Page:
15. Dayton Public Schools Superintendent Lori L Ward was honored as one of six remarkable women to be named as the YWCA's 2013 Women of Influence. These honorees were women in the greater Dayton community who have made a positive influence on the lives of others, as part of their careers, as volunteers, as role models or as mentors. Ward also was named one of the Dayton region's Ten Top Women by the Dayton Daily News. Both honors were bestowed during the 2012-2013 school year.
16. Colin Gutridge and Morgan Strahorn had artwork selected as part of the "top twenty-five" in the 2013 Ohio Governor's Youth Art Exhibition and received the 2013 Governor's Award of Excellence. Winning artwork was selected from almost 12,000 works entered from 15 regions around the state. The works were displayed in the James A. Rhodes State Office Tower.
17. David H. Ponitz Career Technology Center students Akeisha Hale, Daaryn'ah Willoughby and Marissa Hicklin participated in the Seniors to Sophomores program, taking all of their senior classes at Sinclair for dual credit. They graduated from Ponitz as college sophomores and made the Dean's List at Sinclair.
18. Loren Littlejohn had already earned her associate's degree in chemistry from Sinclair Community College when she received her high school diploma from Ponitz Career Technology Center. The DPS graduate is continuing her education at the University of Dayton as a junior majoring in electrical engineering. Loren enrolled in the Advanced College Entry program at Sinclair during her sophomore year at Ponitz, taking courses for dual high school and college credit.
19. Seventh- and eighth-grade girls from Fairview, Edwin Joel Brown, World of Wonder and Rosa Parks preK-8 schools spent a day at Central State University participating in applied math sessions that exposed them, through hands-on activities, to the areas of forensics, science, cryptography, mathematics in music, and sensor applications in the environment. The event, held in collaboration with the University of Dayton, celebrated Sonia Kovalevsky - the first major Russian female mathematician - who studied in secret after the age of 13 and moved to Germany to obtain her PhD.
20. Guests attending the Belmont Showcase celebrated the unveiling of the 2012-2013 Belmont Mural, a student creation under the direction of artist-in-residence James Pate. For more than a year, student artists worked alongside Pate to tell their school's story. The project depicts the renaissance of Belmont High School and celebrates the hard work of staff and students that led to the school's educational reform.
21. Q the Music, a collaboration of the Dayton Philharmonic Orchestra, East End Community Center and Dayton Public Schools, provided string instruments - violins, cellos and violas - to 25 third-grade students at Ruskin PreK-8 School who signed up for the after-school program. The five-day-a-week program included daily academic tutoring, a nutritious snack, classes on music theory, and group musical instruction by Dayton Philharmonic Orchestra musicians. The tuition-free program received funding from Fifth Third Bank and The Iddings Foundation as well as private donors.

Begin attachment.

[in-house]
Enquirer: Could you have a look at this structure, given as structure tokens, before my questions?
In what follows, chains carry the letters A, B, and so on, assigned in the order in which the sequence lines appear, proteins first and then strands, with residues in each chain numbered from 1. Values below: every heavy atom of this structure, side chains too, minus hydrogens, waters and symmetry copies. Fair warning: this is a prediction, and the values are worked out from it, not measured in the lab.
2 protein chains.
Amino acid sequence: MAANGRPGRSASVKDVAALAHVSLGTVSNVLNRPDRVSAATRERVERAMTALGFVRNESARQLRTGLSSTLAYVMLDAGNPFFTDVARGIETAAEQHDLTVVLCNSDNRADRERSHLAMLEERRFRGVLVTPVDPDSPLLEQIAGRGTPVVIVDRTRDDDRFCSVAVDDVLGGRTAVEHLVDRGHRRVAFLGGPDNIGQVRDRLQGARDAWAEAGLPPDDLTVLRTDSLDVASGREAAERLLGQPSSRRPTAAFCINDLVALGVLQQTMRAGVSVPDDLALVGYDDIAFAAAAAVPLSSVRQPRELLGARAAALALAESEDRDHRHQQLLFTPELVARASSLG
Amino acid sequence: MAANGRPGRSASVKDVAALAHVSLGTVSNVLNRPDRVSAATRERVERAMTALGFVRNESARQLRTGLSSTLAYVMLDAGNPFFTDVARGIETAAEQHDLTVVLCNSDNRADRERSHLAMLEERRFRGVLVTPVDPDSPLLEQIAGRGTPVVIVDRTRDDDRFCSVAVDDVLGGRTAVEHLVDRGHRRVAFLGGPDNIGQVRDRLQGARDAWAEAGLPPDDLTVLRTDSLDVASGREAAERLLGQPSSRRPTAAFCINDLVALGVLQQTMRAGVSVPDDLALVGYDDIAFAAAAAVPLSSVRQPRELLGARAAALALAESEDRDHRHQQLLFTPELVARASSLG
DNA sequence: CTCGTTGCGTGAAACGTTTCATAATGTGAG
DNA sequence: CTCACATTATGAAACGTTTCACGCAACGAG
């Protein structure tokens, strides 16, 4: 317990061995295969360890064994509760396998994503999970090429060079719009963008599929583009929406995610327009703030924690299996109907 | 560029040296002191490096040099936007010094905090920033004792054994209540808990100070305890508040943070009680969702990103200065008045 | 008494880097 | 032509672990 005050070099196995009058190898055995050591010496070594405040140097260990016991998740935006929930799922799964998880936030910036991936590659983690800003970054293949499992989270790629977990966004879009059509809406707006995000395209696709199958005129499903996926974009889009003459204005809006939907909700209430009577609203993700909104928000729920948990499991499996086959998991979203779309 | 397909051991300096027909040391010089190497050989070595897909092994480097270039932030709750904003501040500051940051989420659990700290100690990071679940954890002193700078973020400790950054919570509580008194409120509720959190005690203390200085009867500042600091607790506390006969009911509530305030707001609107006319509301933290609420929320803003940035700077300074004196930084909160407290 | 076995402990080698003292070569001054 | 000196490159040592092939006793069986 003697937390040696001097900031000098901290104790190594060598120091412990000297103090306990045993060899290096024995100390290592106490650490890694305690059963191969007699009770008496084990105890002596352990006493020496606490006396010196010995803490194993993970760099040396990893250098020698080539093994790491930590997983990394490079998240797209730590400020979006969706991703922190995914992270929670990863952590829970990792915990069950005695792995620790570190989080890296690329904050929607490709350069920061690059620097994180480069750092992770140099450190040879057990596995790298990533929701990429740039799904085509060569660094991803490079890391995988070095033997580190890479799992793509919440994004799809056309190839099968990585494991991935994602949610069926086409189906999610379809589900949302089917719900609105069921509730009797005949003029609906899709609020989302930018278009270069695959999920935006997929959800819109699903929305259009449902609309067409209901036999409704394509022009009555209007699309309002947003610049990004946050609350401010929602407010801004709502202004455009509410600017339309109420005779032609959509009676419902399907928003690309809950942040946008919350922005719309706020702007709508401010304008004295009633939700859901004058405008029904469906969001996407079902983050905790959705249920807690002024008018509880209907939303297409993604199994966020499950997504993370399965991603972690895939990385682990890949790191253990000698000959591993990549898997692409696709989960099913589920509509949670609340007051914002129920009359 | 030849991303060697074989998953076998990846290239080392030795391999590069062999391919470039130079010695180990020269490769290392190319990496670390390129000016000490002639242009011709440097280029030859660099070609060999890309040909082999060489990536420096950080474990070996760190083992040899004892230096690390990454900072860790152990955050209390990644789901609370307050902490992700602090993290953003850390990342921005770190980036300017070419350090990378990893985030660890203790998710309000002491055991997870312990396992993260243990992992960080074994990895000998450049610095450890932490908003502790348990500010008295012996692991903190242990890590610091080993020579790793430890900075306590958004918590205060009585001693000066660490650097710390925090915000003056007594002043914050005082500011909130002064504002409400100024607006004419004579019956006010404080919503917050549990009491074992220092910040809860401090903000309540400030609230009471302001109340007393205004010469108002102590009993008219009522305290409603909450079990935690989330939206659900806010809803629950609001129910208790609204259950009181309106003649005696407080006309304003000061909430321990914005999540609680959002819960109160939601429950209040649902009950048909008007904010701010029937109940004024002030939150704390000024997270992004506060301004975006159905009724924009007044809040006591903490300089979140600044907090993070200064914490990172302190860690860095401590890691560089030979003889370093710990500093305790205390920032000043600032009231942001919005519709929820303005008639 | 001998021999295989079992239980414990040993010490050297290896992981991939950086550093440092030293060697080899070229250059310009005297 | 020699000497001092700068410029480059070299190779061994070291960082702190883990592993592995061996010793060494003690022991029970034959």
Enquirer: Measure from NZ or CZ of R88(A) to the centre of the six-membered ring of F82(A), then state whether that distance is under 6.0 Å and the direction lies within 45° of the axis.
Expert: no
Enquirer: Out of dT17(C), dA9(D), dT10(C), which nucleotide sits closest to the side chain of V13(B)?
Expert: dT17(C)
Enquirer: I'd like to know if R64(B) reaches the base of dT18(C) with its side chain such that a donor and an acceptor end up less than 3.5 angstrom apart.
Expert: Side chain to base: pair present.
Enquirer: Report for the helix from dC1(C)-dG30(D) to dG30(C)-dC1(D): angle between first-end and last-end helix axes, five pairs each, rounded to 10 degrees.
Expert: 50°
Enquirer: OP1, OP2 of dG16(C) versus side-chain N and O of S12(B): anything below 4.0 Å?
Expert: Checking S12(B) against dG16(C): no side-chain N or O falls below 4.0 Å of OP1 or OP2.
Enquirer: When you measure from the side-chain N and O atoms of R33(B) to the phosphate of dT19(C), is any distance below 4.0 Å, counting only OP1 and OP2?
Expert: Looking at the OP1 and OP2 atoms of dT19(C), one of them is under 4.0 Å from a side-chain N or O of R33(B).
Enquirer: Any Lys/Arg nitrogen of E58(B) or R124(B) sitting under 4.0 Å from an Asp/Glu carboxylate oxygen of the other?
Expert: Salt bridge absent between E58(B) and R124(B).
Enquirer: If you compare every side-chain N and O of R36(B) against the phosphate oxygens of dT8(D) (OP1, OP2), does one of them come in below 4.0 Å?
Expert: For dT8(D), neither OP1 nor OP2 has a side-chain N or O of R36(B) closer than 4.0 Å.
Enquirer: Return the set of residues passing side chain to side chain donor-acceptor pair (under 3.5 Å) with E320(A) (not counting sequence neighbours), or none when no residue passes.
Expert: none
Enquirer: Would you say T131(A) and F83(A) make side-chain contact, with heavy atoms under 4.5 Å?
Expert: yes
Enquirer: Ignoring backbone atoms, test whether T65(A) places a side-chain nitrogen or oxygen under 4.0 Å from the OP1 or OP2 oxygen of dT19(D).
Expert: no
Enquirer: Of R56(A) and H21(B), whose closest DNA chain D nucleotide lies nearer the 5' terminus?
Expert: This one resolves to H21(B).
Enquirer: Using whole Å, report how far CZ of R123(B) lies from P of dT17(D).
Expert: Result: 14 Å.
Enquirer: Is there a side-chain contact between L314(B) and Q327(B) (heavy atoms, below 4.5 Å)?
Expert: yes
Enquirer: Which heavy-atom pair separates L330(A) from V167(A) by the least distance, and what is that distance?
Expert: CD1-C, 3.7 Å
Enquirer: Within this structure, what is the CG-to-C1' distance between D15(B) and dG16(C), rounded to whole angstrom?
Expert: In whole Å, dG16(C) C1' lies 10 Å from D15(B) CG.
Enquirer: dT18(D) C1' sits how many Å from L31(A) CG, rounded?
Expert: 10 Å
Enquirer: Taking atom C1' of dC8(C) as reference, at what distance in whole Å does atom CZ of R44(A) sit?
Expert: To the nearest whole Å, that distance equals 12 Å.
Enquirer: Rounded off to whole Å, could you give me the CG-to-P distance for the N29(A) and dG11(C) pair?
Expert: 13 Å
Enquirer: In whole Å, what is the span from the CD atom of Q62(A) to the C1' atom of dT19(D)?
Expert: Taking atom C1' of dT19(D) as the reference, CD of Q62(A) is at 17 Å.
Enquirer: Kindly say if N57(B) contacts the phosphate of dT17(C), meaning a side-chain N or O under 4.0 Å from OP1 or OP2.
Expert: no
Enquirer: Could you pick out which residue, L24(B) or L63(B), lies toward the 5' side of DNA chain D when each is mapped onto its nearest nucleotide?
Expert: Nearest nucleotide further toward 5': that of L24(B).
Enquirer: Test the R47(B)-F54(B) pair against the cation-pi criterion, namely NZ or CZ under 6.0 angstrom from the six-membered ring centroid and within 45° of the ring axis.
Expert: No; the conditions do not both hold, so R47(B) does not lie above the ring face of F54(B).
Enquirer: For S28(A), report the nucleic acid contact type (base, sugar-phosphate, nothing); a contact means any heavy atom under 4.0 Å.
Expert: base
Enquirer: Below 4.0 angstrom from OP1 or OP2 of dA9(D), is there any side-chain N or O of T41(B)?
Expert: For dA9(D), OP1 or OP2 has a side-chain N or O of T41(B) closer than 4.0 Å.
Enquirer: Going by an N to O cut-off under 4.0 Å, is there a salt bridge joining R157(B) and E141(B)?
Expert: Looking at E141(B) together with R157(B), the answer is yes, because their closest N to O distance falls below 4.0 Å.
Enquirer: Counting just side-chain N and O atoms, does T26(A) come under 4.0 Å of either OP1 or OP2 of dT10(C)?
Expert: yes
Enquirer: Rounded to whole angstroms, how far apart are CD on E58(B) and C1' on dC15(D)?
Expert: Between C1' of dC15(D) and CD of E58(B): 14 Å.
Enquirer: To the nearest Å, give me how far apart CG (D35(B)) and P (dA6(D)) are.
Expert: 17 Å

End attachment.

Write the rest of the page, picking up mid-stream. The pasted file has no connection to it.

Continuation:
22. Students at Louise Troy PK-3 and Wogaman 4-6 schools had the opportunity to participate in the After-School All Stars program. The program provided academic support, enrichment opportunities, and health/fitness activities. The organization's mission is to keep children safe and help them succeed in school and in life.
23. Fairview PreK-8 School held its annual Fall Festival at Fairview Commons with activities and treats for students, staff and neighbors of Fairview and Edwin Joel Brown. Public Health-Dayton & Montgomery County administered flu vaccines during the event. The festival was planned in partnership with Edwin Joel Brown PreK-8 School, TOPS Afterschool Advantage, Unified Health Services, Fairview Neighborhood Association, the Phoenix Neighborhood Project and the FROC Priority Board.
24. Westwood PreK-8 School students and staff joined forces with parents, Wright State University volunteers and Wesley Center staff to clean up yards for senior citizens during "Make a Difference Day." Parents and community members had coffee with Principal Anthony Comer, followed by a parent and community volunteer lunch, activities, and a parent dialogue.
25. While most kindergarten students were counting to ten, Dayton Boys Preparatory Academy students in kindergarten through second grade studied the Big Ten colleges and learned that college is an option for their future. Other students studied Ivy League institutions or historically black colleges and universities It was all part of Principal Horace Lovelace's initiative to empower students to envision a new kind of future for themselves. Students in kindergarten through eighth grade spent a month researching colleges, making class presentations, and learning all they could about higher education Classroom doors and bulletin boards were decorated with college and university logos, banners and spirit items; students even learned college fight songs.
26. Steven Beatty, a student at Longfellow Academy I, was named second place winner (grade 9-12) in the "Families Matter" poster contest sponsored by Family Services. Steven's visual arts teacher was Margaret Wood.